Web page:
Former Milwaukee Brewers starting pitcher Jeff Suppan announced his retirement today after seventeen seasons in the majors. He purposefully waited to make the announcement until 2 p.m. Pacific time on Jan. 2 in memory of his late mother who died at that time exactly six years ago. Coincidentally, today is also Suppan’s 39th birthday.
Suppan was drafted in the second-round by the Boston Red Sox in 1993. During his career, he made stops in Kansas City, Arizona, Pittsburgh, St. Louis, Milwaukee, and most recently San Diego. He owns a career record of 140-146 and a 4.70 ERA.
“After seventeen Major League seasons, I’ve squeezed everything out of my ability,” Suppan said. “I am both honored and blessed to have played the game with some of the greatest teammates and coaches. Baseball will always hold a special place in my heart and I am looking forward to the next chapter of my life.”
The Brewers signed Suppan to a four-year, $42 million contract in 2006 after his heroics in NL Championship Series for the St. Louis Cardinals. However, the deal turned out to be one of the worst contracts in Milwaukee Brewers history, as Suppan was never able to recapture his postseason glory. But we did get to see him make his soap-opera debut, along with Chris Capuano, Bill Hall, and J.J. Hardy. That was cool.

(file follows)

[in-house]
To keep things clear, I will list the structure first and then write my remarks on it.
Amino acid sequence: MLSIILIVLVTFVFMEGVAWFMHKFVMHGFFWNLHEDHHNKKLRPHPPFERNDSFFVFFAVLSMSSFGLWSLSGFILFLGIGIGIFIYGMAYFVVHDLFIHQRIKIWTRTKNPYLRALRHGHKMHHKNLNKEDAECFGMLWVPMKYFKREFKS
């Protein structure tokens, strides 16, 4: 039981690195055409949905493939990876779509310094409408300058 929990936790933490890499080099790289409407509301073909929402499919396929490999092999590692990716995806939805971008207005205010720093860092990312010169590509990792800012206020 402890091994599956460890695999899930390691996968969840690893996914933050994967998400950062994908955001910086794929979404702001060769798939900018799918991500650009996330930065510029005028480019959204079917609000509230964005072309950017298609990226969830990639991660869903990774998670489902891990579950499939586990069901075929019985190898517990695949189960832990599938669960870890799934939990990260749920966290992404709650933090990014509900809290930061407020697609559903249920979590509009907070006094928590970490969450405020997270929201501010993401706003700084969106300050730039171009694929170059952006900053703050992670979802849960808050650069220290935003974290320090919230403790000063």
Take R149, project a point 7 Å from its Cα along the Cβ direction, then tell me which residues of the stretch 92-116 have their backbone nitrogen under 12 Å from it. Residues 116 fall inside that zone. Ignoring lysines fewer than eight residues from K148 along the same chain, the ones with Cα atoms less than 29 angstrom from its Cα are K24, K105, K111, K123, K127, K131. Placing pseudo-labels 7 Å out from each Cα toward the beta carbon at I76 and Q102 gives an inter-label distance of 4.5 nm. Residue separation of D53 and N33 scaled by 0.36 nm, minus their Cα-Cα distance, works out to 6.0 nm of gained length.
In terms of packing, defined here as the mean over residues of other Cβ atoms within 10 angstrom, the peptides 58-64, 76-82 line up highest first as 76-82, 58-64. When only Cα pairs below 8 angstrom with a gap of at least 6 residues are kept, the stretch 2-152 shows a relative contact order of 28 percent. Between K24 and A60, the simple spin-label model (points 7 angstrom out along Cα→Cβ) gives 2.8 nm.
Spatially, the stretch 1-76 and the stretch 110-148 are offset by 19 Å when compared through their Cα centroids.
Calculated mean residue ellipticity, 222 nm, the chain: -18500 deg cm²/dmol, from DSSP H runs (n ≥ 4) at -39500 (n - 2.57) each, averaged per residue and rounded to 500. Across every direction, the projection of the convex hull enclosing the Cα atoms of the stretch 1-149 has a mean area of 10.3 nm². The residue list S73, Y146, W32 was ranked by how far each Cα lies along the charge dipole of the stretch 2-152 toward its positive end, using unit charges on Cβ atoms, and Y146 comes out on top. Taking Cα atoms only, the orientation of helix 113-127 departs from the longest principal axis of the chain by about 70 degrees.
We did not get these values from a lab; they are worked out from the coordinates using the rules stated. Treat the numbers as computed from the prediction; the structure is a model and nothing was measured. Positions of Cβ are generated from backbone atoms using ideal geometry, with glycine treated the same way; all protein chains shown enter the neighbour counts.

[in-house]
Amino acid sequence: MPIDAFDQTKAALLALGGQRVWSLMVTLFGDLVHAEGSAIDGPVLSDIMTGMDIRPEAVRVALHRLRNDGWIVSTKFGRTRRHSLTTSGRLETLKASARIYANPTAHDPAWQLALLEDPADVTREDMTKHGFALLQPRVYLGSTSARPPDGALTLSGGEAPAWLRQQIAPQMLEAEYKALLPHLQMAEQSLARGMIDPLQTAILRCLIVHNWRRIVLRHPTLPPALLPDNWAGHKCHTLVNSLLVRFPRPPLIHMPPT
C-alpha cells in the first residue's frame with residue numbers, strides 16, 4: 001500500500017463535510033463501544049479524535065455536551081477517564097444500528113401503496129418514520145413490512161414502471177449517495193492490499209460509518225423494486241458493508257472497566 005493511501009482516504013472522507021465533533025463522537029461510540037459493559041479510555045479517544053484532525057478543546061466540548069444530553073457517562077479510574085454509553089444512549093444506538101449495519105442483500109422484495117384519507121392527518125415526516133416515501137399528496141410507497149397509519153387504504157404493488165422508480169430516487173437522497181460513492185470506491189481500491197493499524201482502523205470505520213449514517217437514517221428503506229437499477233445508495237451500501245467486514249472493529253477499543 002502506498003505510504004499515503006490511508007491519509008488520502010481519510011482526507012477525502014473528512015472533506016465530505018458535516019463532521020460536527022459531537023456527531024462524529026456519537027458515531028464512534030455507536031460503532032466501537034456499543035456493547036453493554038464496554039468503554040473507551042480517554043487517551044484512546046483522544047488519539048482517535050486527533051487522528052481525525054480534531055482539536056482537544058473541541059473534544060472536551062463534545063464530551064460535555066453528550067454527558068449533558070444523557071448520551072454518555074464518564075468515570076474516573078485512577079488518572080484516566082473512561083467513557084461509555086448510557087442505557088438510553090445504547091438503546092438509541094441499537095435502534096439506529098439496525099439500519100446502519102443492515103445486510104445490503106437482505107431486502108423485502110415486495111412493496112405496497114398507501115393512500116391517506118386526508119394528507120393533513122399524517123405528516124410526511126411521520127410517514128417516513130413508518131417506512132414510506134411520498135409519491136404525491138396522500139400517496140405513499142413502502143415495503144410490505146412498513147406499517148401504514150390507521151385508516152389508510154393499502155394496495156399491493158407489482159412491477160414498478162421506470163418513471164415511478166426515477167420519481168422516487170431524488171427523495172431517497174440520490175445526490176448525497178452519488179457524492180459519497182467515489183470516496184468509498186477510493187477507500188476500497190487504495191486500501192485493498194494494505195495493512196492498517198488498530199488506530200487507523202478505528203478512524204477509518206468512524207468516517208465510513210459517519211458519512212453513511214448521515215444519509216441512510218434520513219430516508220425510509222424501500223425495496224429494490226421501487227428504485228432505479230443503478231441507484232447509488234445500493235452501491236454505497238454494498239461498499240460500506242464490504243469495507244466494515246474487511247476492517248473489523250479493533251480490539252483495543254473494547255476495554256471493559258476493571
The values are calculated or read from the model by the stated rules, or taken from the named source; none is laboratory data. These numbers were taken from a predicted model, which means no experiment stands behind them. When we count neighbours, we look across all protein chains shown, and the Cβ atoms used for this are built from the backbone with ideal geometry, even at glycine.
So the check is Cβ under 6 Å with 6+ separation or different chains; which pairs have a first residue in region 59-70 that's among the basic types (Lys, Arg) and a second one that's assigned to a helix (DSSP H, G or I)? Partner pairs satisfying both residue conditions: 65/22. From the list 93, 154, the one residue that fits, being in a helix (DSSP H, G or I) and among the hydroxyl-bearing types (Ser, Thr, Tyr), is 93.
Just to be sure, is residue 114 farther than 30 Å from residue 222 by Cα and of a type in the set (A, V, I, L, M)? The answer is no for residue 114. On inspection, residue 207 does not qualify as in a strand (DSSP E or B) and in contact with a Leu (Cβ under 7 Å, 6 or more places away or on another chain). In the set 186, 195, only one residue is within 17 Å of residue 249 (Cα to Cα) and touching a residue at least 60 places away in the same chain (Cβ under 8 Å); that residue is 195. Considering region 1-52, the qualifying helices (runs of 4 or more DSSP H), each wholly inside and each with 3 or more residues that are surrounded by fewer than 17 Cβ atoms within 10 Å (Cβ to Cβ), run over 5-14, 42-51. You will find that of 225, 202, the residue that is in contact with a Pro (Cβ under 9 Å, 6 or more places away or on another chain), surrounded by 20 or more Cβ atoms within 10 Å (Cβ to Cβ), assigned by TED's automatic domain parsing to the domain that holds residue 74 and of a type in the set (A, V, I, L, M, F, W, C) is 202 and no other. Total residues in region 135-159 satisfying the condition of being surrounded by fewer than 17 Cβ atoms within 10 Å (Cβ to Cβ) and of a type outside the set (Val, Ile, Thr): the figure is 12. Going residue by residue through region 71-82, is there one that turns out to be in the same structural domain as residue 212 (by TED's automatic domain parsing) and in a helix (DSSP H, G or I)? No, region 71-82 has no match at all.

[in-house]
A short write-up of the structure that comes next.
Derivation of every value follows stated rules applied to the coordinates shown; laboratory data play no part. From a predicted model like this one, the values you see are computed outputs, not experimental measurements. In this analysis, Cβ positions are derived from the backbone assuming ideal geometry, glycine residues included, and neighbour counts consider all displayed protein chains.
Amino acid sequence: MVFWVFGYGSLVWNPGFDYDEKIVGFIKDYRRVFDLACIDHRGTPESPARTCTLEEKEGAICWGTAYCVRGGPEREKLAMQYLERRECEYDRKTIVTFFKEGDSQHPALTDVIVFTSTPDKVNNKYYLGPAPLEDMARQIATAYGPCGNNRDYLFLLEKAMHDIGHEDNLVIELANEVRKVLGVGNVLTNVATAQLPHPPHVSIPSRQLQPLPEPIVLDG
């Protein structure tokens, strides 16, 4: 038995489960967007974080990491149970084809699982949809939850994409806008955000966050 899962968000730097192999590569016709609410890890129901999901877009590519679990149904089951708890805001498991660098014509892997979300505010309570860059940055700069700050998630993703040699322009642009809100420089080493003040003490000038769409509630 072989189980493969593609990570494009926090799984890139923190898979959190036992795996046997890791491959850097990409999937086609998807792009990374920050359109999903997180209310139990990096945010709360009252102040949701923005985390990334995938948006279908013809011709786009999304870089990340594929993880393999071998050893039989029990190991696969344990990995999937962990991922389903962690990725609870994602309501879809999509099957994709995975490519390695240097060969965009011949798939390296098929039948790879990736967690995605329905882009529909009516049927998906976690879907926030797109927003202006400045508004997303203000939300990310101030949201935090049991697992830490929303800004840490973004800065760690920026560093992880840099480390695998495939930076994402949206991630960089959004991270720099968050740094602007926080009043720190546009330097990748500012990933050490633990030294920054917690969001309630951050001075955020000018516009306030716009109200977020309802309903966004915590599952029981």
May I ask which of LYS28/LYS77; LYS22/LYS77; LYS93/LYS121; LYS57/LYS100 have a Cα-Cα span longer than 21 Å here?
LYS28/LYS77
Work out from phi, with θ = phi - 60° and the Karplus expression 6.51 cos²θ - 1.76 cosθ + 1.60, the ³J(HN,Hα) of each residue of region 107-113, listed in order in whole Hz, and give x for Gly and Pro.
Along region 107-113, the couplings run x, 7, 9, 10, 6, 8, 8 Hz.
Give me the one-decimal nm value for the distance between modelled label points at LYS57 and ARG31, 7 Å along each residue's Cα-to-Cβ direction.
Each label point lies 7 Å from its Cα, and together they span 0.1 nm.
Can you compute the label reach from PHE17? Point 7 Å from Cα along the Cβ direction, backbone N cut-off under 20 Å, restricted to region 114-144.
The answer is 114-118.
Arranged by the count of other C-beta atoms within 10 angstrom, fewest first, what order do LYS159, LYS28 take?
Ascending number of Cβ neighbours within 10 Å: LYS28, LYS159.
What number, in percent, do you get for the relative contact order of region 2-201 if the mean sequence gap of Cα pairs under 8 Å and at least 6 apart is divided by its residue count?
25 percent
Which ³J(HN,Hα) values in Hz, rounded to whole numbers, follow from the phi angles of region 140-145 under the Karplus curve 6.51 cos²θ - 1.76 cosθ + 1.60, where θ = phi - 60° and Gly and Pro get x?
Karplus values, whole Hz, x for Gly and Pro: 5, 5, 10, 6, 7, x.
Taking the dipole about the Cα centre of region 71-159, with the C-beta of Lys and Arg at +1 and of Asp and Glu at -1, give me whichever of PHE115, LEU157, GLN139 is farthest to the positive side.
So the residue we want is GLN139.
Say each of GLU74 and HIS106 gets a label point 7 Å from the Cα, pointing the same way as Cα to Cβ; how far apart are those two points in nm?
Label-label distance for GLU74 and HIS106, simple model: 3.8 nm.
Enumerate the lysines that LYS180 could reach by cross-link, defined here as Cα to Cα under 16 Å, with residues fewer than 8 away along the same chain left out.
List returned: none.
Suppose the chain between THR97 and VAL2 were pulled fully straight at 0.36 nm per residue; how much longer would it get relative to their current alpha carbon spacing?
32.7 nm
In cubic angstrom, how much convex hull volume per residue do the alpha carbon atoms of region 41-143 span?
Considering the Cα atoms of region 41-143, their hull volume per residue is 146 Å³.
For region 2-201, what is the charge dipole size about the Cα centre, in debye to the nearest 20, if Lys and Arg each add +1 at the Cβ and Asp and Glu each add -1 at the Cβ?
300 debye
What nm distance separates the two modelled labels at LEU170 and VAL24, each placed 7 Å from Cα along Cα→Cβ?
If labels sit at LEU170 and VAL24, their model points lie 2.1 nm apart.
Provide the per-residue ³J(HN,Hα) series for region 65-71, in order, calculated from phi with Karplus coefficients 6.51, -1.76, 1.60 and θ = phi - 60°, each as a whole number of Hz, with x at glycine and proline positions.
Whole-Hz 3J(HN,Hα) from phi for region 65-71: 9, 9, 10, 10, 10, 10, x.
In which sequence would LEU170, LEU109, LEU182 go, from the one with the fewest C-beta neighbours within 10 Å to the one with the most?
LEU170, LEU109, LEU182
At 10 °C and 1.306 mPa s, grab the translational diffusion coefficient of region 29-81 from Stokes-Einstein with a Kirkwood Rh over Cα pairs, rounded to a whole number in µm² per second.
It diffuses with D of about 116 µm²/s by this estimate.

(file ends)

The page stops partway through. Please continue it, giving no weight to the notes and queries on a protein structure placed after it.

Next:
Suppan last pitched in the big leagues with the San Diego Padres in 2012. He was designated for assignment after going 2-3 with a 5.28 ERA.
Now that his baseball career is at an end, Suppan will focus his energy on operating his popular restaurant, Soup’s Sports Grill, located in Los Angeles, with his wife Dana.